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A. Montemari, M. Villa, K. Yee, G. Parisi, M. Labazi, C. Stampley, F. Pricci, M. Varano, M. Bartoli; Toll-Like Receptor 4 Expression and Activity is Elevated in Human Diabetic Retinas and in Retinal Cells Exposed to Elevated Glucose Conditions. Invest. Ophthalmol. Vis. Sci. 2010;51(13):5600.
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We have previously shown that the expression of toll-like receptor 4 (TLR4) on circulating immunocytes of diabetic patients positively correlates with clinical signs of diabetic retinopathy (DR). Here we measured TLR4 expression and activity in diabetic retinas or in isolated retinal cells exposed to elevated glucose conditions.
Human post-mortem retinas from diabetic donors (Type1 and Type 2) and non diabetic (control) donors were obtained from Georgia Eye Bank. Isolated retinal cells (retinal endothelial cells, microglia and Muller cells) were exposed to high glucose condition (HG= 25mM D-glucose) or the osmotic control (LG= 25mM L-glucose) for different times (12, 24, 48 and 72 hours). Western blotting analysis and quantitative RT-PCR was used to determine the expression of TLR4 at protein and mRNA level, respectively. TLR4 activity was assessed by measuring phosphorylation of MyD88 and IRAK-1 by immunoblotting using anti-phospho-specific antibodies.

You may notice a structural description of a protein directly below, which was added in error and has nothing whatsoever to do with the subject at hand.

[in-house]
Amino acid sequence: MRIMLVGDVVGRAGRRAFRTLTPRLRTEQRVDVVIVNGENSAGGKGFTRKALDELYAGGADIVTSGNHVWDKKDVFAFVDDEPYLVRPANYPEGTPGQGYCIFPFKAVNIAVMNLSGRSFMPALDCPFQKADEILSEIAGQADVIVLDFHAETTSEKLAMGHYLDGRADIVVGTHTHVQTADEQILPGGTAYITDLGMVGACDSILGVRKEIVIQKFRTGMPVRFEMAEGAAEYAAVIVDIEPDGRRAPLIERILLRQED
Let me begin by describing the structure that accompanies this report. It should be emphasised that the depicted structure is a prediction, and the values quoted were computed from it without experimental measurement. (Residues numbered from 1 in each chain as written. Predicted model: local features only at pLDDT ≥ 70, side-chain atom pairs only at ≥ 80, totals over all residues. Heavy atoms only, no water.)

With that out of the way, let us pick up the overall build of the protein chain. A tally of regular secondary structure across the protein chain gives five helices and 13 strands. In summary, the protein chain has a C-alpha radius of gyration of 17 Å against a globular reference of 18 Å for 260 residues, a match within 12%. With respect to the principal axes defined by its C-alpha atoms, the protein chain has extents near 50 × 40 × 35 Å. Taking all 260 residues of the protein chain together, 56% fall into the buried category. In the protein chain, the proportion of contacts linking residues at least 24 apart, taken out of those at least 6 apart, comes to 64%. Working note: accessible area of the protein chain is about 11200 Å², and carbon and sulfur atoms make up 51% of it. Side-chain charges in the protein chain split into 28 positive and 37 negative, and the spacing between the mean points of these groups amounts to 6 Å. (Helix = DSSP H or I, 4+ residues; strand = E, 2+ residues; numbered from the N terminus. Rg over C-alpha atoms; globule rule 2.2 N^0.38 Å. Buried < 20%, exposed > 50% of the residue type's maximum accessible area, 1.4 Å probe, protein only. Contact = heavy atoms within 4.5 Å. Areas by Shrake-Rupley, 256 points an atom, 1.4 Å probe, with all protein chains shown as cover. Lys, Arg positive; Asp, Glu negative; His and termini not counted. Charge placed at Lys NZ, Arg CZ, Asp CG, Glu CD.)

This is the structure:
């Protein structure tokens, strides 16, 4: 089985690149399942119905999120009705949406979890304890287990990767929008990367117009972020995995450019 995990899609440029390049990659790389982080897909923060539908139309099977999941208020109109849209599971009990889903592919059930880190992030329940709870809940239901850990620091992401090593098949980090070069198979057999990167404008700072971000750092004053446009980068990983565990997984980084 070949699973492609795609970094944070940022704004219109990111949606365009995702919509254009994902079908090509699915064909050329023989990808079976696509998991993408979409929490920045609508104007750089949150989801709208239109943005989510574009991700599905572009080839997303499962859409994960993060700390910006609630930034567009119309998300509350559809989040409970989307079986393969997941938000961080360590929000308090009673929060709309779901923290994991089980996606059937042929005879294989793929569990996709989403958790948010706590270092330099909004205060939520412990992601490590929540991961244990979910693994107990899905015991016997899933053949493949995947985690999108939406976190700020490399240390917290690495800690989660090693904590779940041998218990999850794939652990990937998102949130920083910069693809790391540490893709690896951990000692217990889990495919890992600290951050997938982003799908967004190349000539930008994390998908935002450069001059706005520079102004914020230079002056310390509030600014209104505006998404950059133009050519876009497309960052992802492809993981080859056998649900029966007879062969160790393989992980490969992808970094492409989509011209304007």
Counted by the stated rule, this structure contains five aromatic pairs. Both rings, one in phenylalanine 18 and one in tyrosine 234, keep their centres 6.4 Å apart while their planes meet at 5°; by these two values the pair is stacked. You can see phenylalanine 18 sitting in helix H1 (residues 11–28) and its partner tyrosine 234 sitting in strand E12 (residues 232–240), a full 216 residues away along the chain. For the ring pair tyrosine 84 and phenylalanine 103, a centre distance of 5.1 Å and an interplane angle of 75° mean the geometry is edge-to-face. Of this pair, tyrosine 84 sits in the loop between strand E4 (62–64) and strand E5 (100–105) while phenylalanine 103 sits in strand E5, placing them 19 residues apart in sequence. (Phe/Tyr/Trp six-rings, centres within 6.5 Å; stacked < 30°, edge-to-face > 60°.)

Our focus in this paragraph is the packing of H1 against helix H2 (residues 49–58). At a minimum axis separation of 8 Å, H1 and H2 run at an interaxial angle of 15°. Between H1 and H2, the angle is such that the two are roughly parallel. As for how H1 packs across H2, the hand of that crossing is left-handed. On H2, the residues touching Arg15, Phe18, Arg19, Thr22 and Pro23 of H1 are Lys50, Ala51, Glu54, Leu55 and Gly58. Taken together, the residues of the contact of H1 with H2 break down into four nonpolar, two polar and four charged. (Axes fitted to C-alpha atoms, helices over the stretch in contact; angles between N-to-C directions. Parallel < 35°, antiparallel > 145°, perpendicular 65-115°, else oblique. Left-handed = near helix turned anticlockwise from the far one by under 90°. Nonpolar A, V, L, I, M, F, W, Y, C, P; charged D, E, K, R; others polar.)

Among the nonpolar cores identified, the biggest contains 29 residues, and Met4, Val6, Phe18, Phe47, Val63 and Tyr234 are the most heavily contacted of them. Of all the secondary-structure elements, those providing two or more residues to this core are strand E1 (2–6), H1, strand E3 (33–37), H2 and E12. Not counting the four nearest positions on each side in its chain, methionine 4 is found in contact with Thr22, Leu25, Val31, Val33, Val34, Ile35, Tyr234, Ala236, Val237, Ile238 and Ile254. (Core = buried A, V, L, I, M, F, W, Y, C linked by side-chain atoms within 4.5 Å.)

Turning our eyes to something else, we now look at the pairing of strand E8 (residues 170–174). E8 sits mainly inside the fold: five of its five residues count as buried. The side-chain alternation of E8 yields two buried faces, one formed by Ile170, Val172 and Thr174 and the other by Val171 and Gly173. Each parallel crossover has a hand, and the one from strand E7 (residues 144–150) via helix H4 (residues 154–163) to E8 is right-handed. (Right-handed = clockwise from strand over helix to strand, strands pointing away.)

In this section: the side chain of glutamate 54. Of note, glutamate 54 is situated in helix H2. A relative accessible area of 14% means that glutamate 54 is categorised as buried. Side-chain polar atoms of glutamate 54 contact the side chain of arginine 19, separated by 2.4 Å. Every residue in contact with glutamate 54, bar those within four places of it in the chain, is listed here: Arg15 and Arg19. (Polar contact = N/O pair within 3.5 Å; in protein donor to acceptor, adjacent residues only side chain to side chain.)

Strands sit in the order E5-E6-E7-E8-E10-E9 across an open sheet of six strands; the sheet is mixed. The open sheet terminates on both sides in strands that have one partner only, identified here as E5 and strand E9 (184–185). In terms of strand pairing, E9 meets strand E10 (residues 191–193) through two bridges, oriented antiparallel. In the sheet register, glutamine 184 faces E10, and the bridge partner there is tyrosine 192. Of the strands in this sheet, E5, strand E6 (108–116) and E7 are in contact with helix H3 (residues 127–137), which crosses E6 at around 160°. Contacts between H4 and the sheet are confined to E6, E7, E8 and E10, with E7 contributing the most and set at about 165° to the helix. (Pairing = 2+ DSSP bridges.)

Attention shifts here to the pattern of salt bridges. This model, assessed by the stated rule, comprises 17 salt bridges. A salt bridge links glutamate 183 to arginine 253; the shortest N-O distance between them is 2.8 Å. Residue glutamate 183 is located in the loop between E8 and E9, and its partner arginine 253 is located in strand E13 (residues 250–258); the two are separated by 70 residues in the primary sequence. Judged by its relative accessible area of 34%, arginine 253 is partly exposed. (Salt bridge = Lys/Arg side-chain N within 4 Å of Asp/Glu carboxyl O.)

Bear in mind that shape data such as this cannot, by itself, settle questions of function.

Western analysis revealed that in human diabetic retinas TLR4 expression was significantly increased as compared to control donor retinas. MyD88 and IRAK-1 serine phosphorylation was also augmented. Exposure of isolated retinal cells to HG stimulated TLR4 expression, at protein and mRNA levels, effect that peaked at 24 hours. HG also promoted TLR4 activation as shown by increased phosphorylation of the downstream effectors MyD88 and IRAK-1. All these effects were not induced by exposure of the cells to the osmotic control (LG).
Given TLR4 critical role in adaptive immunity and induction of inflammatory processes, our data directly implicate TLR4 in DR pathogenesis. Our results, further, demonstrate that activation of TLR4 signaling events in circulating immunocytes of diabetic patients mirrors retinal expression and activity of TLR4, thus supporting its monitoring as possible diagnostic tool for DR progression.
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